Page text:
What I Discovered about Writer’s Digest

wd COVER RESIZEDRecently, I began subscribing to Writer’s Digest. Others had sung its praises but I hadn’t bothered until now. I had no idea what a treasure I’d been neglecting.

It is full of all sorts of writerly stuff. How- to articles for marketing. Business articles on taxes and record keeping. Interviews with authors, book reviews and so much more.

Whether you write fiction or non-fiction this is a great resource. I learned things I didn’t know I didn’t know.

In the February 2016 issue I found some fascinating things. For example, an article, Publishing Decoded by Phil Sexton shared the needed to approve the spine font not just the cover font. Because the spine is often what is displayed at bookstores. It needs to be eye-catching. Did you know publishers pay for special placement at book stores? That’s when the front cover is visible.

A writing craft article entitled The Art if Distraction by Jane K Cleland explained Red Herrings are not just found in mysteries.

It’s a mini-conference between its pages. Monthly columns introduce you to various agents and what they are looking for, author interviews, conference information and more. Not to mention, book reviews and ads relevant to writing i.e. editing services and writing courses.

wd COVER 2 RESIZEDI carry the magazine around in my purse so it is handy when I have a moment in a waiting room or waiting in the car. (Yes, I have a big purse.) I read during my lunchbreak at work and when I need a break from writing.

The price is worth the investment. Lots of new information with every issue. If you are serious about your writing, you really needed to add Writers Digest to your writer’s toolbox.

Have you checked out Writer’s Digest? What’s your take on it?

If you want to continue receiving new blog posts subscribe in the right hand column, please and thank you.

The winner of the free copy of Her Deadly Inheritance  we are giving away this week is Kathy Thomas.

A Visit with Author Beth Ann Ziarnick and a Giveaway

I’ve been reading alot in January and it is reflected in my second author interview in so many weeks. I love to share author stories and I hope you love reading them.

Beth's head shot-2

Today I am welcoming Beth Ann Ziarnik to Writer’s Patchwork. We met at The Write-to-Publish Conference a few years ago where she won a publisher’s award at the banquet with her debut novel Her Deadly Inheritance. I’m so excited about its recent release. I enjoyed the story and the creative way you told it. Click to read my review.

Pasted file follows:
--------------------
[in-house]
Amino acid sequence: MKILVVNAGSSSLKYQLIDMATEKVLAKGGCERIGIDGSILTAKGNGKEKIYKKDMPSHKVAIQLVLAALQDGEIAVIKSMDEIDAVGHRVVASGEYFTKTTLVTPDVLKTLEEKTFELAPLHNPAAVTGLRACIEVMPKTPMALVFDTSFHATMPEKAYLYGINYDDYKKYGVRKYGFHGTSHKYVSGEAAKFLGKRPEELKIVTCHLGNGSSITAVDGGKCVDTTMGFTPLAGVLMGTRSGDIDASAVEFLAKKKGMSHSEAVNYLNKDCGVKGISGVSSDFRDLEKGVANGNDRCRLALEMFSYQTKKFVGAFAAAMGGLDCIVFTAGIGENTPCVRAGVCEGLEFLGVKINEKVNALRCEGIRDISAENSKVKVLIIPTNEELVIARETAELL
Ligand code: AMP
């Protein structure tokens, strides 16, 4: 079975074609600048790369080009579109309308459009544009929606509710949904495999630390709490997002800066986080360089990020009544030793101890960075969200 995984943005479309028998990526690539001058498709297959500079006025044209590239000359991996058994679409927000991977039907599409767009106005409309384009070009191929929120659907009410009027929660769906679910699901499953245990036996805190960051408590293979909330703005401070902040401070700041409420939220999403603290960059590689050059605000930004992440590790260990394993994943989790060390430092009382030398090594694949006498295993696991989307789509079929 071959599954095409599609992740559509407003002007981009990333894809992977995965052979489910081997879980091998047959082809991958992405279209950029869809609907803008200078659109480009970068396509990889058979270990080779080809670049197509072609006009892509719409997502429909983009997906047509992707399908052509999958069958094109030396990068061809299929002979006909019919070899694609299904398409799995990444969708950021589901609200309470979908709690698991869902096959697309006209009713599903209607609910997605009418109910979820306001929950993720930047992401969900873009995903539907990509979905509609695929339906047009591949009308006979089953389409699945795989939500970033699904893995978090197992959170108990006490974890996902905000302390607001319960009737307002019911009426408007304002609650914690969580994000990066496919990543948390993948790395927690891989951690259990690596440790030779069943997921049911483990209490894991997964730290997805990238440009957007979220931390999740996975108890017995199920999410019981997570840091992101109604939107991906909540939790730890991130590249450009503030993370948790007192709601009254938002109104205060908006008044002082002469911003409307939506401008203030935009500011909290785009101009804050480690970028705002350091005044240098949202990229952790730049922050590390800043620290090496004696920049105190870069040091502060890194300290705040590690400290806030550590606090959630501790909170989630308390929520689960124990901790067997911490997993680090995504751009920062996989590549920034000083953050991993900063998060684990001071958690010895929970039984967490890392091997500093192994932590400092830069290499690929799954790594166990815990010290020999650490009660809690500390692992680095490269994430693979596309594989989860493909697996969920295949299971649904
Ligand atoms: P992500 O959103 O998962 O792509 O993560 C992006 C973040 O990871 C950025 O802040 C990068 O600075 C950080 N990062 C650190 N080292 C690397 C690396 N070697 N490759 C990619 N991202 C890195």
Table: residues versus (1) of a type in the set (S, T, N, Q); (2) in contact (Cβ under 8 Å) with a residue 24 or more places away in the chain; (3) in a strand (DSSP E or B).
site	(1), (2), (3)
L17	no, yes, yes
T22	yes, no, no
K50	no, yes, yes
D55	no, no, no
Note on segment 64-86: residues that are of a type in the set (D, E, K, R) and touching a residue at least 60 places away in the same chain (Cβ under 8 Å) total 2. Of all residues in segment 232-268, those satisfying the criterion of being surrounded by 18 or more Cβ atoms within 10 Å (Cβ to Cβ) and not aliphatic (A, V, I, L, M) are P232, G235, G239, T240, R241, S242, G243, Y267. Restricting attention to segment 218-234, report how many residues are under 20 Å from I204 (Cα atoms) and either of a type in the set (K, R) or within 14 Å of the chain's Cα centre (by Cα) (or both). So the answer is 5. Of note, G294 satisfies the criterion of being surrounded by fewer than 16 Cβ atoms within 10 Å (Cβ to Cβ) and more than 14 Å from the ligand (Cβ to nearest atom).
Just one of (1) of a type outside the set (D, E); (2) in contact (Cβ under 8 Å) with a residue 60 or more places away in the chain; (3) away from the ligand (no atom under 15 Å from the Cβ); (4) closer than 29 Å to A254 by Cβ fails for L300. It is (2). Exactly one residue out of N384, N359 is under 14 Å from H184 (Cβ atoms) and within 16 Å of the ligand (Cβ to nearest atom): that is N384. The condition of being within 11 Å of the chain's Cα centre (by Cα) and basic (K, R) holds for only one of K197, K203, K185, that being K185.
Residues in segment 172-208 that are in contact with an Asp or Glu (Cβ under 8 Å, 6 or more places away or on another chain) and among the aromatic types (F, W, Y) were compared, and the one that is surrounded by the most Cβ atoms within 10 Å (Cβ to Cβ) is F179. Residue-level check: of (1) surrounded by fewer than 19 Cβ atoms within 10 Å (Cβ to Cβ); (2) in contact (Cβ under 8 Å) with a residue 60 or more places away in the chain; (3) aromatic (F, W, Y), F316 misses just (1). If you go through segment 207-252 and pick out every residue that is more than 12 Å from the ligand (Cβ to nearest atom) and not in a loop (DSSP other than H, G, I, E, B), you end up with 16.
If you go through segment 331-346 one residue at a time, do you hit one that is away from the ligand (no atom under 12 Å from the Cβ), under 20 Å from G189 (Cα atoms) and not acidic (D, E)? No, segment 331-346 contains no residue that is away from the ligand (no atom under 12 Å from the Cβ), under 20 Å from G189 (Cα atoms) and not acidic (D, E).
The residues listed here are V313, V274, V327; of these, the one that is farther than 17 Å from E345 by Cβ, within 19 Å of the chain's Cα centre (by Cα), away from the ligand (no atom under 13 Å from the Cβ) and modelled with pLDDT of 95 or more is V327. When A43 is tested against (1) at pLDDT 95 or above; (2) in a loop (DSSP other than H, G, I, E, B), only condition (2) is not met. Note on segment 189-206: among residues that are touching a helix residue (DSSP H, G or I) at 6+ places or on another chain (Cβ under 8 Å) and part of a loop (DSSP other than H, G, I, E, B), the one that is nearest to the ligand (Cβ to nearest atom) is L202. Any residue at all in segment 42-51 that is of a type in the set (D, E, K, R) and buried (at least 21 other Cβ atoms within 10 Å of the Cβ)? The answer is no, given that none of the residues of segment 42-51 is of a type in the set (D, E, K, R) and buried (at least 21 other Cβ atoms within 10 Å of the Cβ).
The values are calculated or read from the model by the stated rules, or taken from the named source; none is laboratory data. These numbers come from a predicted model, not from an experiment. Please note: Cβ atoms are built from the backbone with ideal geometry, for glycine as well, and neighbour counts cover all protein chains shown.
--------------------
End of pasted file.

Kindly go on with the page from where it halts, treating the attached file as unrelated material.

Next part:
Below is the a little taste of the story for those who have not read it yet.

First a runaway. Now running for her life. Won’t Jill Shepherd’s family be surprised when she returns to Grand Island, Michigan to end their scheme to have her declared legally dead? But when Jill exposes the mastermind behind her intended death, her family’s deception may kill any chance she has of remaining alive.

Clay Merrick may seem to be little more than a handy-man restoring homes, but when the former Special Forces operative tracks a brutal killer to Jill’s historic house under renovation, he has most of the evidence he needs to bring the killer to justice … until Jill gets in the way.

When the killer sets sights on Jill as the next victim, it’s not just Clay s mission on the line, but his heart.HerDeadlyInheritanceColor-2

Beth, I’m thrilled to have you visit with me today. Let me take your coat. Watch out, don’t trip over the pile of shoes near the front door. Come, join me in the kitchen for coffee and Danish.

Thank you for inviting me, Cindy. It’s great to be here. Oh, is that lemon-centered Danish? My favorite! How did you know? <G>

It’s such an honor to have you take time from your busy promoting schedule to share with my readers some of the background story to Her Deadly Inheritance.

My pleasure!

Let me start out Q & A with a question all my readers want to know. Where did the idea come for Her Deadly Inheritance?